A few weeks ago, we talked about how easy it is to steal data over WiFi. We even did a demonstration with a device called a WiFi Pineapple and program called Karma to prove it. Now a new set of tools called MANA has been released that makes it even easier for the bad guys to launch attacks that steal your data over compromised WiFi networks.

The Pineapple and Karma have actually be around for about ten years, but they did not present much of a threat until mobile wireless devices began to proliferate. If you’re reading this, you’re probably carrying a wifi enabled device that is constantly putting out a signal, probing for familiar networks. Vendors and network administrators became aware of WiFi vulnerabilities and put new protections in place, enabling WPA2 encryption and hiding SSIDs. With these protections in place, wifi became harder (though still not impossible) to exploit.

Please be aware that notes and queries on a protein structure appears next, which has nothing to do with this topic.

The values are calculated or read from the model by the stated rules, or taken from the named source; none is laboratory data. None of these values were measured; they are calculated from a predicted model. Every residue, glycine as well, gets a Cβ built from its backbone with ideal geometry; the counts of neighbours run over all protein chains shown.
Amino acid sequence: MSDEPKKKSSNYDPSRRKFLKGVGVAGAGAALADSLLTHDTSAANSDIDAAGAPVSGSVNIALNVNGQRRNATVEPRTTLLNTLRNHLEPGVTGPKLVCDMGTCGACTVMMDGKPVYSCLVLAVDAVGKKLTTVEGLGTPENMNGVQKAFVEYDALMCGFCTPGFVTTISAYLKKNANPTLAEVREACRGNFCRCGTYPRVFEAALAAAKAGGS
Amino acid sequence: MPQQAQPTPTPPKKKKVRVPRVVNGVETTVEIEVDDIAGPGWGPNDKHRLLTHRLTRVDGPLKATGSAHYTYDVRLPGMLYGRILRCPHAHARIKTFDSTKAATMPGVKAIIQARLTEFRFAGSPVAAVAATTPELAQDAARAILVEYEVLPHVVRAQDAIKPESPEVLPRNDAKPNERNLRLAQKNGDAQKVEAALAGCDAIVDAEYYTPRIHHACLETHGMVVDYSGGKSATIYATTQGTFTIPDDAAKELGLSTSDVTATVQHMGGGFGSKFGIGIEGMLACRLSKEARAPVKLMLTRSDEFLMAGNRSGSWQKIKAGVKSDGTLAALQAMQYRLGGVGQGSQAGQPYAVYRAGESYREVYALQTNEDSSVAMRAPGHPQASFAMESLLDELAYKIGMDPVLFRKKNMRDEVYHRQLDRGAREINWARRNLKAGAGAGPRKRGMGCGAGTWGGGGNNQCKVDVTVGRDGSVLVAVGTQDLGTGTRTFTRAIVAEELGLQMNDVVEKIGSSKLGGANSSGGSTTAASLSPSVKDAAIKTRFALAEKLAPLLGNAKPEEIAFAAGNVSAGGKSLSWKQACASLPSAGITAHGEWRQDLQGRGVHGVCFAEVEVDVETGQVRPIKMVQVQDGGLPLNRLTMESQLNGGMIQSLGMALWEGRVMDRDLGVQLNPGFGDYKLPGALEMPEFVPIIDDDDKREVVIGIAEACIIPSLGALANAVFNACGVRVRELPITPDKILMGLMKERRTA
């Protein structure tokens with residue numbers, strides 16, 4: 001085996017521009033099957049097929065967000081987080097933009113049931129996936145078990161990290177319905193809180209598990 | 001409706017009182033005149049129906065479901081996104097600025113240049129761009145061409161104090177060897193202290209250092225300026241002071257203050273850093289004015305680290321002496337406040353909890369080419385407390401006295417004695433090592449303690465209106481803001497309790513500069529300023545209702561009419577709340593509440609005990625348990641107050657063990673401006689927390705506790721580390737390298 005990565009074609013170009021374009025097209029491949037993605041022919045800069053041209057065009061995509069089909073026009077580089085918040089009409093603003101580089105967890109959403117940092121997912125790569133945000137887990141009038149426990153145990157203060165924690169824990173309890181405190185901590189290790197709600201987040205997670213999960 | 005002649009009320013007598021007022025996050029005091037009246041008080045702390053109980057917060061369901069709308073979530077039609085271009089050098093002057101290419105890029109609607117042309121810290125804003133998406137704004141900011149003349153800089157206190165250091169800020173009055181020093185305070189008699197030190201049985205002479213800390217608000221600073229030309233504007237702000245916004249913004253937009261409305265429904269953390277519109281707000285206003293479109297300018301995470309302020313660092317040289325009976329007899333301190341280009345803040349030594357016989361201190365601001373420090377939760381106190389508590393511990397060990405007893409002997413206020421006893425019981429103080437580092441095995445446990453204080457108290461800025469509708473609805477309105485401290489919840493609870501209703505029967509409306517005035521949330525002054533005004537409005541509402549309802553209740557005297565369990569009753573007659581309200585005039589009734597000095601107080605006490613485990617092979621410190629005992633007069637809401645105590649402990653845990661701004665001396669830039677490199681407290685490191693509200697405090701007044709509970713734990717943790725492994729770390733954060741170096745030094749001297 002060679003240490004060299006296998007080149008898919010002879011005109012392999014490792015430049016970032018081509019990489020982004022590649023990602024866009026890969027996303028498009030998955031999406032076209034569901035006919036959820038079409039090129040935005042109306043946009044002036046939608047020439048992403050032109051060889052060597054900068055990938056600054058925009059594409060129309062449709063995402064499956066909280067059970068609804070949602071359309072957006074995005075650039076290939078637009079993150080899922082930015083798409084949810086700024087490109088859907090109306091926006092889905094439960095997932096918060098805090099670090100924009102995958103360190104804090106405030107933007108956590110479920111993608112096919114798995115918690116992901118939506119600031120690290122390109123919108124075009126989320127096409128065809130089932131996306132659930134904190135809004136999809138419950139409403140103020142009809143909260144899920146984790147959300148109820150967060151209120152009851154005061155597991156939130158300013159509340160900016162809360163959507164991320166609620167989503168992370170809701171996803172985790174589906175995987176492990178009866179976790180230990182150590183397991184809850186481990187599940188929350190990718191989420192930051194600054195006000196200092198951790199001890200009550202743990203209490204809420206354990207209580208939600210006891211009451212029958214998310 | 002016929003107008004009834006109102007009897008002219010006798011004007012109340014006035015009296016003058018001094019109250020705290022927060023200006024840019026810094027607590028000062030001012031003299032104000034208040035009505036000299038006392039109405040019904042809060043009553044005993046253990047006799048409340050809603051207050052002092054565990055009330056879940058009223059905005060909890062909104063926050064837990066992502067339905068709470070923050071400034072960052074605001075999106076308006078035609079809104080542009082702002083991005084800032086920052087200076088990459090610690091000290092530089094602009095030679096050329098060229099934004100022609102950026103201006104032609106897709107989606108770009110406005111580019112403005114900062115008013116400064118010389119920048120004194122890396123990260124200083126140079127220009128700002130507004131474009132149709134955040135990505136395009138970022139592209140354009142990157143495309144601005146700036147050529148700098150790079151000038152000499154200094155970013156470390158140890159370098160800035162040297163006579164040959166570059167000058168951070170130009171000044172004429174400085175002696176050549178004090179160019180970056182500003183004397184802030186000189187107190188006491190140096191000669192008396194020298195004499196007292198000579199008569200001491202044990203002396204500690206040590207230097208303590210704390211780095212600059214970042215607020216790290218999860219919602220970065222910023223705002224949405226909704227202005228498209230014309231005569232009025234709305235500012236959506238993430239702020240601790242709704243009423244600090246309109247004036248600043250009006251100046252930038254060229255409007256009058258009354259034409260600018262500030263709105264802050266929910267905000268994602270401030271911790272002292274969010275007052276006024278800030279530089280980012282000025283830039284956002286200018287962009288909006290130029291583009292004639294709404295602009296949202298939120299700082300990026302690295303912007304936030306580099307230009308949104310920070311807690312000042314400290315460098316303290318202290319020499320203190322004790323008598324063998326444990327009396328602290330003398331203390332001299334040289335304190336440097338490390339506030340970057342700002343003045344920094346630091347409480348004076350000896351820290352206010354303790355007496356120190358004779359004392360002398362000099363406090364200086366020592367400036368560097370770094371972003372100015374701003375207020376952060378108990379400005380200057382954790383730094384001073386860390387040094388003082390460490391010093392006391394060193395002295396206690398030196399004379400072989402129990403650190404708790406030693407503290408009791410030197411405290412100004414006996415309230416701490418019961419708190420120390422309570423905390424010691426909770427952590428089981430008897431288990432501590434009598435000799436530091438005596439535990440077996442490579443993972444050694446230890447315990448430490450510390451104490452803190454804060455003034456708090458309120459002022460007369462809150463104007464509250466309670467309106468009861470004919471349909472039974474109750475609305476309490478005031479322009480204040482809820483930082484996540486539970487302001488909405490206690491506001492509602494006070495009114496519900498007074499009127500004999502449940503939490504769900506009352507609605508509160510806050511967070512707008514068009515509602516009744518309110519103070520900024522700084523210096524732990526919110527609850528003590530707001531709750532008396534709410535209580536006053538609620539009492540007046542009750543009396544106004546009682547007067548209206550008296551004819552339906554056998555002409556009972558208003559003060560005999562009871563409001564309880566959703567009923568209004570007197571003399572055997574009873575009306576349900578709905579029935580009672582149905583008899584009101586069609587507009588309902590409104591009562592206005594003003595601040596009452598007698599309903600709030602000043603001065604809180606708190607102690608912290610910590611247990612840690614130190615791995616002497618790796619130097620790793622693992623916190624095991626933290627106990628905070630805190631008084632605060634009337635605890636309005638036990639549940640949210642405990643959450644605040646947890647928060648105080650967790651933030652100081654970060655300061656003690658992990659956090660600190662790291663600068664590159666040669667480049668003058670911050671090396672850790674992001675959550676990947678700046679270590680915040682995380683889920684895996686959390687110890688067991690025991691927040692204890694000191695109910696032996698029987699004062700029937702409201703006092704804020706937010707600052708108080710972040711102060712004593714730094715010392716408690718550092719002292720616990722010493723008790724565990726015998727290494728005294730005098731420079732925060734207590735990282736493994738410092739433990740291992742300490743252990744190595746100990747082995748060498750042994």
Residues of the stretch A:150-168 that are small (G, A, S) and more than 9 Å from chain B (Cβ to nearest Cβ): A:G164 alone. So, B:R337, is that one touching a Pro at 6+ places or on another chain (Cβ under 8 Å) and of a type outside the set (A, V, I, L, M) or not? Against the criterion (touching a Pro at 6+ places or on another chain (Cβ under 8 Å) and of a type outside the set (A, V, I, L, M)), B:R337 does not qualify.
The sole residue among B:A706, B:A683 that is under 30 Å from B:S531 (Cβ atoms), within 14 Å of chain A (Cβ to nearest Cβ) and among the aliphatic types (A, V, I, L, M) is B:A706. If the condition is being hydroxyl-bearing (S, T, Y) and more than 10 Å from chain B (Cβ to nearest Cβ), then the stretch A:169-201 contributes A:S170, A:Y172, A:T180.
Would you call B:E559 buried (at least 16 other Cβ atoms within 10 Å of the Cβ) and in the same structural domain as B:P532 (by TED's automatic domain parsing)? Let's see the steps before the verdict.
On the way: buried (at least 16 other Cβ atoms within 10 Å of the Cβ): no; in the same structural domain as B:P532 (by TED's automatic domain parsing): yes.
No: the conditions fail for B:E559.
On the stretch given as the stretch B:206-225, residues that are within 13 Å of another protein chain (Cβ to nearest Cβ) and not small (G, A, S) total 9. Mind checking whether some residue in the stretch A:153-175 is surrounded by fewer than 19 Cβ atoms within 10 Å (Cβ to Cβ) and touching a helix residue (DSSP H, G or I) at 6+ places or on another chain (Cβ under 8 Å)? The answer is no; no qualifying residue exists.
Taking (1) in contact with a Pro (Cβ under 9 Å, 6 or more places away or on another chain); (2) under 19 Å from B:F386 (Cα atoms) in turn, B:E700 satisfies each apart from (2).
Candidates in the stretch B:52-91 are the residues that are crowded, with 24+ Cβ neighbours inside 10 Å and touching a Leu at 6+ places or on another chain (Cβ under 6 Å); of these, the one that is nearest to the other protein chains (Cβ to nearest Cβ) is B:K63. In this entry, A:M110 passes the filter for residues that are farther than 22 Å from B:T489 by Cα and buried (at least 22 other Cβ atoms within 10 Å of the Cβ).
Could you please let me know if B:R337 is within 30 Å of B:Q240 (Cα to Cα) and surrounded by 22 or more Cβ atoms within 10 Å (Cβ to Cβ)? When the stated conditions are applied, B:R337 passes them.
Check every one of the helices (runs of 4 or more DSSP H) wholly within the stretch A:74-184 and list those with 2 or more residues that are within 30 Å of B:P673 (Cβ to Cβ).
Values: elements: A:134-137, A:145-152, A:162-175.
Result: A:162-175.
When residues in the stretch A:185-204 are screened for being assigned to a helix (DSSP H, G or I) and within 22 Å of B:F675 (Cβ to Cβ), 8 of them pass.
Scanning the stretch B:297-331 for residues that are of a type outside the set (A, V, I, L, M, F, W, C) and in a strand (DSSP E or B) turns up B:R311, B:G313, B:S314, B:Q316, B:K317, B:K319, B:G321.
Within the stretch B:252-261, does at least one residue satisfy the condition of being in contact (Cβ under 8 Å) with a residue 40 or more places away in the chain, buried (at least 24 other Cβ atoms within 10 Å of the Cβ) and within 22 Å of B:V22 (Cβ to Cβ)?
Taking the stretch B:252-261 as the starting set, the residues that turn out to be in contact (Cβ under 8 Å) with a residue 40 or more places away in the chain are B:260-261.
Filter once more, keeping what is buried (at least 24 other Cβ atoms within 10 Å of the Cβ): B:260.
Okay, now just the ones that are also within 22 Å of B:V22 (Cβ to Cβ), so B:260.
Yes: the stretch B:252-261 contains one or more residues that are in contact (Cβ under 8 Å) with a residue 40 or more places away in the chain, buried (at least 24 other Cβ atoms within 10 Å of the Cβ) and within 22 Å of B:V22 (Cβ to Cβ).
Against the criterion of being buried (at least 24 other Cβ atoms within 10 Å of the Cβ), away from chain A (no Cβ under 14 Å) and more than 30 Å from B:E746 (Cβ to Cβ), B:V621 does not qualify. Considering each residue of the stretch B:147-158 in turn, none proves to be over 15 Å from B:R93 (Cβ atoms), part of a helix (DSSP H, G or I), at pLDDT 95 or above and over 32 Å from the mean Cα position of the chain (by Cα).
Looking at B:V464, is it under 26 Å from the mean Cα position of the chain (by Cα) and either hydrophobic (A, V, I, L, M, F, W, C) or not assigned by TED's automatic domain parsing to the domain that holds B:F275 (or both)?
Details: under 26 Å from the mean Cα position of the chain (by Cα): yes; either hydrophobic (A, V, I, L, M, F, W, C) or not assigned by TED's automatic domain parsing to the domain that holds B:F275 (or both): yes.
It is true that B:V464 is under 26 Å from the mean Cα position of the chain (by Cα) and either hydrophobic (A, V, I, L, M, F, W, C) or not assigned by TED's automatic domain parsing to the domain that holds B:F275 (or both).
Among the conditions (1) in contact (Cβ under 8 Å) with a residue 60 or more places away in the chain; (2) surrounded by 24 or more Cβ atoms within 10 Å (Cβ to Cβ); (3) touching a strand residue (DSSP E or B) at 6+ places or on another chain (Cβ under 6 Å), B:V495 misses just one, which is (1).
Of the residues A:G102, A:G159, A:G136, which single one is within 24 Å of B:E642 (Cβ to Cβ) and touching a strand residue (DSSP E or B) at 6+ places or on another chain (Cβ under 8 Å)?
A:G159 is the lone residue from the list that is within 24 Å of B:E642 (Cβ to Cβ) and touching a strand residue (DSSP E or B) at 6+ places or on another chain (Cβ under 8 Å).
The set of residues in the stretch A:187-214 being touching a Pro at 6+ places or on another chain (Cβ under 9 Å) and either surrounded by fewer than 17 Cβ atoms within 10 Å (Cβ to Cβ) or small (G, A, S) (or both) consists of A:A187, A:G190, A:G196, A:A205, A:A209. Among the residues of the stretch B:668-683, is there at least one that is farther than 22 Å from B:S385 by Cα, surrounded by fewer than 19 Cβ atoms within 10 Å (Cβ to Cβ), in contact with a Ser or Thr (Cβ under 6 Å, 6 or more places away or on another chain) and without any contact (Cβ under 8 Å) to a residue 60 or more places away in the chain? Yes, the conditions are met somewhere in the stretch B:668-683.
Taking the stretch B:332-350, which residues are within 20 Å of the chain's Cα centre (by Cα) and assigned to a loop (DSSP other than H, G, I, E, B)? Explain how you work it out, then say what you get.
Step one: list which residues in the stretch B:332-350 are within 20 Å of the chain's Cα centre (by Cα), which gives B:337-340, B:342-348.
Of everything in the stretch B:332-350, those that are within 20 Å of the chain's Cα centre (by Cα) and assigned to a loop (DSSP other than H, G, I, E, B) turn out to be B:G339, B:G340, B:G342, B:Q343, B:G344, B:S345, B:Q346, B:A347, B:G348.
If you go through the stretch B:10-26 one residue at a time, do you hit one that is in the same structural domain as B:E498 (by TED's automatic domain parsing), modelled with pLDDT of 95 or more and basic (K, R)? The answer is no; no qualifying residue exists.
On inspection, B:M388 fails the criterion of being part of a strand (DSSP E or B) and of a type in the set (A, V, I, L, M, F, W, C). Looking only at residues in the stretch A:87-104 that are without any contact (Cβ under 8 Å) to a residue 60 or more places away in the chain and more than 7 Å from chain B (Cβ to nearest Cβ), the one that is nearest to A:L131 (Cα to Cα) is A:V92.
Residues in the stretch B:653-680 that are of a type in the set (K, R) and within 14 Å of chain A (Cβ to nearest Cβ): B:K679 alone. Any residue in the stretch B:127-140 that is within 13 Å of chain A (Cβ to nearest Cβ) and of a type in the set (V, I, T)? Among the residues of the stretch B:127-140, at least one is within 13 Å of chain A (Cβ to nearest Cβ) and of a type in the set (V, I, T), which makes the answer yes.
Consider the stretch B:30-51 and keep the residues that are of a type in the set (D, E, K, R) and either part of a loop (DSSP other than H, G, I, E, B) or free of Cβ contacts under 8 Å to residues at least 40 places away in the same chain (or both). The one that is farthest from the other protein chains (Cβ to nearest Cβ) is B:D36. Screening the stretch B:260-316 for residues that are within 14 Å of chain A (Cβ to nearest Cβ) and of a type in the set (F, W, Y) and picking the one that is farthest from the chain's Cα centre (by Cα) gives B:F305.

MANA, released by a security research firm called Sensepost, is designed with an understanding of the common security measures most networks employ. Mana is designed to seamlessly defeat or bypass defenses to give bad guys access to your data.

Over the next few weeks, we’ll look more closely at how MANA works. But ultimately the release of these new tools confirms what we already know: When you connect via public WiFi, you’re at risk. Given enough time and resources, bad actors will find a way to thwart even the strongest defenses.

As we’ve said before, just turn off WiFi. Use your data plan on your cellular device. It’s cheaper than trying to fix a data breach. Or only join networks that you know are trusted, although even that, too, can be problematic. And using Silo to connect to the internet and sensitive apps insulates you from compromise.